For the past 15 years, he has toured and recorded with pianist Luis Perdomo, bassist Hans Glawischnig, and drummer Henry Cole. This group's latest album, "Típico" (MIEL Music), is its first in a decade that just features the quartet. The music is great to get lost in. The fiery "Academia" opens the album and illustrates just how the band has gelled, the rhythm section beneath the leader pushing, listening, prodding, responding to each other, propelling the song on the joy they bring to the performance. The title track bounces on the two-handed piano figure that not only introduces the piece but shows up throughout - listen to the seamless tempo changes, how Cole's cymbal work echoes Zenón's flights of fancy, and Glawischnig not only keeps the pulse but builds the foundation for the band to build off of.
"Típico" is a splendid recording and reminds us of how great music can be created when ensembles are familiar with each other and love to challenge themselves to keep growing, keep moving forward. Kudos to Miguel Zenón and his Quartet for creating such delightful music.
For more information, go to miguelzenon.com.
Watch and listen to a piece from the album:
The new album, two CDs and 90 minutes long, has a "swing" feel from the get-go, with allusions to the big band recordings of John Coltrane and Thad Jones, at times even Duke Ellington and Count Basie. The title track at 8:33 is the shortest cut on the album, meaning each musician gets time to develop his or her solo. But even on the shorter tracks, the arrangements still give the players enough time to really dig in.
There are also pieces that take their time to get going, plenty of time for the melody to be played fully and the various sections to harmonize. The leader's daughter, Virginia Frigault-MacDonald (20 years old at the time of this June 2015 recording), creates a lovely clarinet spotlight on "Vanda Justina" (listen to the flurry of sounds from the brass as her solo hits its stride); she yields the floor to her father who paints a lovely tenor saxophone portrait over the second half of the 12-minute track. One hear the Thad Jones influence in the melody and arrangement of "You See But..." as well as how the brass and reed sections frame the solos of Luis Deniz (alto sax) and Pat LaBarbera (soprano sax). Listen for the light sound of the flutes (supported by the low notes of Peter Hysen's tuba) carrying the melody of "Shadows" right before Ms. Walker's delightful solo. Her rhythmic inventions are matched by Romberg's playful drumming.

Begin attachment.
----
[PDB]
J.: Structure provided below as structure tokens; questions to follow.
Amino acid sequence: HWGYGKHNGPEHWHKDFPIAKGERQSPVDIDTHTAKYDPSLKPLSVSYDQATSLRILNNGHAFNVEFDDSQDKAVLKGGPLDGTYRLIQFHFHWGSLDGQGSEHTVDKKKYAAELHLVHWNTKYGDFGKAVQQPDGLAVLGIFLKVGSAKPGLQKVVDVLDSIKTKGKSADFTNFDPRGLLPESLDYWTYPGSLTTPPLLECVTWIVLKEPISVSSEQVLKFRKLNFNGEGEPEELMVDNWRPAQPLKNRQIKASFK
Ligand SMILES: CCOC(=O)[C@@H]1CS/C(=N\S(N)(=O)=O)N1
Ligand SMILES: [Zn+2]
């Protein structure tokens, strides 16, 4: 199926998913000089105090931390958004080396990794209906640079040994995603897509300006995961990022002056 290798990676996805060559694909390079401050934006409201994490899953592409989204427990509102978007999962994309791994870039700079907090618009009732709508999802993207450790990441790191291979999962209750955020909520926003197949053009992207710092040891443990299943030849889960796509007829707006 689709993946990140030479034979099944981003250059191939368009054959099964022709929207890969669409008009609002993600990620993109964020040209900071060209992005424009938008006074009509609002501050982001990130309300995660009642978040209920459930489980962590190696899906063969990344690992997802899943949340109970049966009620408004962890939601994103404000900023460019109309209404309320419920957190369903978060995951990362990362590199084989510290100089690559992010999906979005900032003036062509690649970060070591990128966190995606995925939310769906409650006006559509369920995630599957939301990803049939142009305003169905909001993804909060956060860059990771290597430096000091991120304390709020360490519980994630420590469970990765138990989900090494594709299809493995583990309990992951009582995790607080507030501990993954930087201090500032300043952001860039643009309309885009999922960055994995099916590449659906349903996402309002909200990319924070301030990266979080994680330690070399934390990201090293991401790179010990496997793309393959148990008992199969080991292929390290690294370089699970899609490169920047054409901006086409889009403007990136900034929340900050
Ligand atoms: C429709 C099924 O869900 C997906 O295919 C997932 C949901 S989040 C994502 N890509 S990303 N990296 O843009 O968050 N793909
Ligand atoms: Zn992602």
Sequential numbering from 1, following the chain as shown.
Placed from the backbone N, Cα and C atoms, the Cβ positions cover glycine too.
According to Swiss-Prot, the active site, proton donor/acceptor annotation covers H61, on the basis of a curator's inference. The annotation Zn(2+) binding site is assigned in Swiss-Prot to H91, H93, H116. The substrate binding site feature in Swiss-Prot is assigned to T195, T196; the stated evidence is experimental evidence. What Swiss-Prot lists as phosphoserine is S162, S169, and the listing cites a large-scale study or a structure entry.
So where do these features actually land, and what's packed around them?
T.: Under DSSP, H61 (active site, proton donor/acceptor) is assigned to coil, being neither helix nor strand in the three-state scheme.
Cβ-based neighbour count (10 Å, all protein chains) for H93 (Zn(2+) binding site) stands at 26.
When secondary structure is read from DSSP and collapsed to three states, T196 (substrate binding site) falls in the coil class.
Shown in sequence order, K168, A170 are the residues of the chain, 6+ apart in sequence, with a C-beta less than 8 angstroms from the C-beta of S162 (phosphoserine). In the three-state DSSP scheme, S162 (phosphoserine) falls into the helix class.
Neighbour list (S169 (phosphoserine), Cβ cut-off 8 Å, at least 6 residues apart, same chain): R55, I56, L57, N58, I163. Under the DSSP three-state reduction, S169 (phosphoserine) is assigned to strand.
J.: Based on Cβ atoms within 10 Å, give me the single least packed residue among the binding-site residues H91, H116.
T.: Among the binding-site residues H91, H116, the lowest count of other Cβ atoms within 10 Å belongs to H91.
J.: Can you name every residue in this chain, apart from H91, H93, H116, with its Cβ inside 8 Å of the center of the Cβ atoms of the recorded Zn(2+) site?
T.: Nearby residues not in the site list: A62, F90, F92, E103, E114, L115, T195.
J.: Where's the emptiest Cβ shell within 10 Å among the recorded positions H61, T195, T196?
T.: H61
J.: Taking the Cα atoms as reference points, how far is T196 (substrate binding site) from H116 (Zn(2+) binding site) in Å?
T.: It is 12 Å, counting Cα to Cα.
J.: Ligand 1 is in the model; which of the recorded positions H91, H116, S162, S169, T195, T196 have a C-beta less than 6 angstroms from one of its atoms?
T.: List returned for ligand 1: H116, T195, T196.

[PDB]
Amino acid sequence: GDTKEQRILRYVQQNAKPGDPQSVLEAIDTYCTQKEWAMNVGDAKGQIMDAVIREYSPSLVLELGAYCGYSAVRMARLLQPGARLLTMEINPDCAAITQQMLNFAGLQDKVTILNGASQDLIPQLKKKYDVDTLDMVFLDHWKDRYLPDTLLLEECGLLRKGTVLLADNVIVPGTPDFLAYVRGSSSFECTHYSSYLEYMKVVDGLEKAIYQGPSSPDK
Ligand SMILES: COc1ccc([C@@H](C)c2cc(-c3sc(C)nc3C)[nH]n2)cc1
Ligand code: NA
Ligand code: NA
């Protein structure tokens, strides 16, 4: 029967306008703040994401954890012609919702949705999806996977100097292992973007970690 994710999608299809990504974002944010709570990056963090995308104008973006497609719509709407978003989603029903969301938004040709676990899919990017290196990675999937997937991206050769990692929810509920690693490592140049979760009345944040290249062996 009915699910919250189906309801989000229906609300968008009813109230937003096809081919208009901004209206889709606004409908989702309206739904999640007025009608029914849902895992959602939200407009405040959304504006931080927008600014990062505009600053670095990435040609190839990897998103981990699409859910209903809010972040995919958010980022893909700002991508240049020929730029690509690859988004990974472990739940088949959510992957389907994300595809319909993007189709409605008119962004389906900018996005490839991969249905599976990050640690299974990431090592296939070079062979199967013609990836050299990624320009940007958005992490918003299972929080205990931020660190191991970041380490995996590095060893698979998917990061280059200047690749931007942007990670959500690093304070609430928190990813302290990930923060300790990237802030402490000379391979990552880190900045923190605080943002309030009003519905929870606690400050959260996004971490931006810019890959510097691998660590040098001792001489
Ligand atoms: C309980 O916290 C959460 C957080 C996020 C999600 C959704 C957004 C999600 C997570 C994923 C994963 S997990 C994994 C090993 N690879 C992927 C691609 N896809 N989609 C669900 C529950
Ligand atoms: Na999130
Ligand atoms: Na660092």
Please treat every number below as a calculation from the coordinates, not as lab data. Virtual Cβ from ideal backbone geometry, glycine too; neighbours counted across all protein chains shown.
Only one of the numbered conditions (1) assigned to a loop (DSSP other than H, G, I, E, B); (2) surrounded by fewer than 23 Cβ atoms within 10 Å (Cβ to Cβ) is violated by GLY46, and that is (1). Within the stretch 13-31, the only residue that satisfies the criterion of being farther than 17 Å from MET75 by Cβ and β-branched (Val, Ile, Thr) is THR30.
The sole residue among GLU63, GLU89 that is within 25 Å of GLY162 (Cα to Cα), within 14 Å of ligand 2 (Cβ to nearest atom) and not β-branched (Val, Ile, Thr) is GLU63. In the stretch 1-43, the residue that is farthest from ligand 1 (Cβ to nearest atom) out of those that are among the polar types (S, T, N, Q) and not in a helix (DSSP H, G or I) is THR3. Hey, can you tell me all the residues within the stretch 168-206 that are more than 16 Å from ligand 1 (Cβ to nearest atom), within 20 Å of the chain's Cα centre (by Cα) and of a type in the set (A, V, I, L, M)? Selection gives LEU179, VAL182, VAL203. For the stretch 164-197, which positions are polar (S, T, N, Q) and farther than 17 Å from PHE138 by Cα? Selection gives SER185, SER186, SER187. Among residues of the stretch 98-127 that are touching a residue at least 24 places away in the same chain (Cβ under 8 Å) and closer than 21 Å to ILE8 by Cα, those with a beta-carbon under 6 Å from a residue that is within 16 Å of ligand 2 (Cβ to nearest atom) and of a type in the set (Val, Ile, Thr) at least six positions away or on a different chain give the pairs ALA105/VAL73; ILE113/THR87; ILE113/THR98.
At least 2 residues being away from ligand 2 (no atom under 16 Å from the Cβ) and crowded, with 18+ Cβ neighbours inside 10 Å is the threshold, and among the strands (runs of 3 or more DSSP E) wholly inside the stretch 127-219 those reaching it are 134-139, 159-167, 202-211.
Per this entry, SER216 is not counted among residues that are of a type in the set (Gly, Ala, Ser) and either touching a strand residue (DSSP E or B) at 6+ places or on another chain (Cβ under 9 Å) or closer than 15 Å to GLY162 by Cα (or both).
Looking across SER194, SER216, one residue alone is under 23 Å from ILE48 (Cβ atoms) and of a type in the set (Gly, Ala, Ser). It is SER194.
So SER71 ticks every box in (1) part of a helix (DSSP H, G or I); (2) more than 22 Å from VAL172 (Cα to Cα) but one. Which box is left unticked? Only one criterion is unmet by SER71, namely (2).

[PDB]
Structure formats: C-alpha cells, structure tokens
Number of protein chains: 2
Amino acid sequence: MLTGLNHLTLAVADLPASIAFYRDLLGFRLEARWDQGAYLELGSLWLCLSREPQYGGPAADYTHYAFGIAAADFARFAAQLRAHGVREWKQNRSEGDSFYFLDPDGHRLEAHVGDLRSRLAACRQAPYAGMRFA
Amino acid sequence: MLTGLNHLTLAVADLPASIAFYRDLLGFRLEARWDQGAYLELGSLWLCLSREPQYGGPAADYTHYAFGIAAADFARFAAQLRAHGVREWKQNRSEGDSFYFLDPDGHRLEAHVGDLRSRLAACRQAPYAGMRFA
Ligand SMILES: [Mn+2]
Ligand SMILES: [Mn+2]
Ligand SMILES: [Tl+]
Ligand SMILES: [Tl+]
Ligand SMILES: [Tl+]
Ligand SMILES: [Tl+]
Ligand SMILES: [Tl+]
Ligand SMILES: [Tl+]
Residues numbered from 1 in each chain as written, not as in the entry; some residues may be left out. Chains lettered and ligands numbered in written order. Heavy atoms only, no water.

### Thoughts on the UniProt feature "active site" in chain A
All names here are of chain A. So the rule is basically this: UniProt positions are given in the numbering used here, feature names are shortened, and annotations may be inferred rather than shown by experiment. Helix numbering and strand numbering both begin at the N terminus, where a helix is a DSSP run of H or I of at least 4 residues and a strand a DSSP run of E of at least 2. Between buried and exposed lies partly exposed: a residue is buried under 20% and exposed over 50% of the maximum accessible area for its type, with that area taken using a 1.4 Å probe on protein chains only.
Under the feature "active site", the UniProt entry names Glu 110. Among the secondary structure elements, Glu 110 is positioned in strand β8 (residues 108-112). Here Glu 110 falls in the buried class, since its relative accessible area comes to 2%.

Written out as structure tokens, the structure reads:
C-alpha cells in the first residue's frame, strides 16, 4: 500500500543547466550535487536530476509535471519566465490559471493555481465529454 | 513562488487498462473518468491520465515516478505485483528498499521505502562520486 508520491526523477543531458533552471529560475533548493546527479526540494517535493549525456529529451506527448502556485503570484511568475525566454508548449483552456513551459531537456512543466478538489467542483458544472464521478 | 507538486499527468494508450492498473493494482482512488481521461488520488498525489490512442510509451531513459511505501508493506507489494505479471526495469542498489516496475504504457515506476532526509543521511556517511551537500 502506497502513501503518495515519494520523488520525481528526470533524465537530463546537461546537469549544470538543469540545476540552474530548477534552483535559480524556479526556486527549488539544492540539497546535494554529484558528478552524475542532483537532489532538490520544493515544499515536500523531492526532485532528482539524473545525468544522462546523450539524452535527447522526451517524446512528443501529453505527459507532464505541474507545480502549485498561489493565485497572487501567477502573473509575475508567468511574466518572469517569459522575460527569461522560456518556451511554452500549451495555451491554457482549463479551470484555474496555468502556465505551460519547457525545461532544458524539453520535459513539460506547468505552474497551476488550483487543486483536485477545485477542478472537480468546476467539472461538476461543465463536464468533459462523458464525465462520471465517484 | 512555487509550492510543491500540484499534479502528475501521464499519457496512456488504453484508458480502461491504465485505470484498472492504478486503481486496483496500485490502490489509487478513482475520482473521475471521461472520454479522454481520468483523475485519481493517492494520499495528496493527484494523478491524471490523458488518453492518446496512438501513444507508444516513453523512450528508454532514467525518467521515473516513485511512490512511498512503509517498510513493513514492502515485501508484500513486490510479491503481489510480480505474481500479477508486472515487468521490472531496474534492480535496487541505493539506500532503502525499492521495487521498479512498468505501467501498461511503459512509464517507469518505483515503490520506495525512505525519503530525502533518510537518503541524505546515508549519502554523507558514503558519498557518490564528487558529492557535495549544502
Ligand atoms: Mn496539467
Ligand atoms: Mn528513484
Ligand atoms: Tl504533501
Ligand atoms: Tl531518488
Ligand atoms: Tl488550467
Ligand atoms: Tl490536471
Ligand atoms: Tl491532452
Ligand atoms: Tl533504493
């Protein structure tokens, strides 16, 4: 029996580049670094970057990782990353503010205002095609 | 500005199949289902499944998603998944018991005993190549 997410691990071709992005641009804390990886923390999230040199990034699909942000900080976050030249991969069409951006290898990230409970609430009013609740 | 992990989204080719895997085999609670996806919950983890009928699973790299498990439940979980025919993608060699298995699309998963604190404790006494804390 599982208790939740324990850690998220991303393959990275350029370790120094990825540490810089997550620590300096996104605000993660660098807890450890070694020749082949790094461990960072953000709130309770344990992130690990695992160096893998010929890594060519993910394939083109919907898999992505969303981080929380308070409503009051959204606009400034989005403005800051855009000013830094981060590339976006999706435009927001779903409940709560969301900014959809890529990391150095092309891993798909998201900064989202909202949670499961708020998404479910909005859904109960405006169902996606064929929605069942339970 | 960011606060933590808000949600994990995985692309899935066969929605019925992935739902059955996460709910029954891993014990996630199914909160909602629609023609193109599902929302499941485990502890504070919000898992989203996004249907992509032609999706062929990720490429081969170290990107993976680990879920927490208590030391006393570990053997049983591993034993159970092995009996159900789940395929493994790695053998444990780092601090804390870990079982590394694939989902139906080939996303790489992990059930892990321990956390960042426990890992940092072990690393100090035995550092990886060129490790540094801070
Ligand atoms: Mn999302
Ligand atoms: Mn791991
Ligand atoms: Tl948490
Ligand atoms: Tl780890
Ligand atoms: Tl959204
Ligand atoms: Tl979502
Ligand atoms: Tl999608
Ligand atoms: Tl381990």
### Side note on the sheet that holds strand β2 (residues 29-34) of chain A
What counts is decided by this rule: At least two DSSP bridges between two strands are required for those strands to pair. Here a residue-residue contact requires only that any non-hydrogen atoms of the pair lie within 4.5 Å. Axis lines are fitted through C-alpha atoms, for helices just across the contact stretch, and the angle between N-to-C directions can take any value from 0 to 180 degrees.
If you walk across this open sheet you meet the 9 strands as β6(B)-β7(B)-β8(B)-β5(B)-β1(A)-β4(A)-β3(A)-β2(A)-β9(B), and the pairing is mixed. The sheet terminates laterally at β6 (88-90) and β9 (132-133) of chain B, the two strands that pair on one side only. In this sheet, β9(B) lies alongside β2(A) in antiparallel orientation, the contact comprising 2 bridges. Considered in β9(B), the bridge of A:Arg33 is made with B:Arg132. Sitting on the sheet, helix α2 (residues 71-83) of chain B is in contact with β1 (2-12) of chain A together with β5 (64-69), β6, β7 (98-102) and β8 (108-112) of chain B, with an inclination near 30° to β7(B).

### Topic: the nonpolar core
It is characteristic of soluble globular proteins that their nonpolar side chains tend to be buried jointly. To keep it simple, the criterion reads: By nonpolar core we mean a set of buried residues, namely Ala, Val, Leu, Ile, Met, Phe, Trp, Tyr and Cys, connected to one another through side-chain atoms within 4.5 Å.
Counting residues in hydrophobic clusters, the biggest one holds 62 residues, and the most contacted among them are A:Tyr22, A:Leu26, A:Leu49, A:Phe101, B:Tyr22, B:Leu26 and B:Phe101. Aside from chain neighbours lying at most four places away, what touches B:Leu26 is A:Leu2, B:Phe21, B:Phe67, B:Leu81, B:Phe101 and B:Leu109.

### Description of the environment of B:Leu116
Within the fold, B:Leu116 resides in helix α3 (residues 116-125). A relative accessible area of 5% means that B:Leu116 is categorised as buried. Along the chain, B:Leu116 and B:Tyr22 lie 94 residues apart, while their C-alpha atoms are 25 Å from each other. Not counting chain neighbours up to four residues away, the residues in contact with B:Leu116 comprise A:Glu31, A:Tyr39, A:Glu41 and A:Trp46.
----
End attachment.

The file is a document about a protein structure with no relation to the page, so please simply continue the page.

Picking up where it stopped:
What I like most about "Common Ground" is how each song takes on its own personality after you listen three or four times. There is nothing generic about this music. It's born out of the joy of playing, out of the love of creating as a team, of an ensemble utilizing the musical visions of a fine composer and an intelligent arranger. The music of the Kirk MacDonald Jazz Orchestra should resonate with fans of big band jazz or, for that matter, anyone who likes music.
For more information, go to kirkmacdonald.com.
Kirk MacDonald, P.J. Perry, Luis Deniz, Pat LaBarbera, Perry White - saxophones, flutes, clarinets
Virginia Frigault-MacDonald - clarinet on three tracks
Jason Logue, Brian O'Kane, Rob Smith, Kevin Turcotte, Joe Sullivan - trumpet, flugelhorn
Alastair Kay, Terry Promane, Kelsley Grant - trombone
Peter Hysen - bass trombone, tuba
Lorne Lofsky - guitar
Nancy Walker - piano
Neil Swainson - bass
Barry Romberg - drums
Here's a good taste of KMJO:
I've been listening to guitarist Ross Hammond's music, both electric and acoustic, since 2014's "Humanity Suite." His electric excursions are often loud, filled with sonic explosions but also brilliant interactions and challenging directions for both musicians and listeners.
Yet, it's his fascinating acoustic work that really captures my imagination. 2015's solo "Flight" remains one of my favorite albums of the last five years; the different textures and locations make the program sound alive. His 2016 releases, duo albums with tabla master Sameer Gupta and multi-reed genius Vinny Golia, featured improvisations shaped out of common musical ideas and shared languages.
Perhaps it's the frazzled emotional damage caused by the changes one feels in daily life these days as much as the heartfelt music Ross Hammond has created that makes "Follow Your Heart" so powerful. A single voice (in the form of a guitar) echoing through a church is a powerful salve, a form of salvation in hard times. This music, like the blues and folk sounds that inspired it, is human music. Even without words to guide us, these guitar sounds often feel like the "gospel truth."
For more information, go to www.rosshammond.com.
Here's a taste of this fine recording: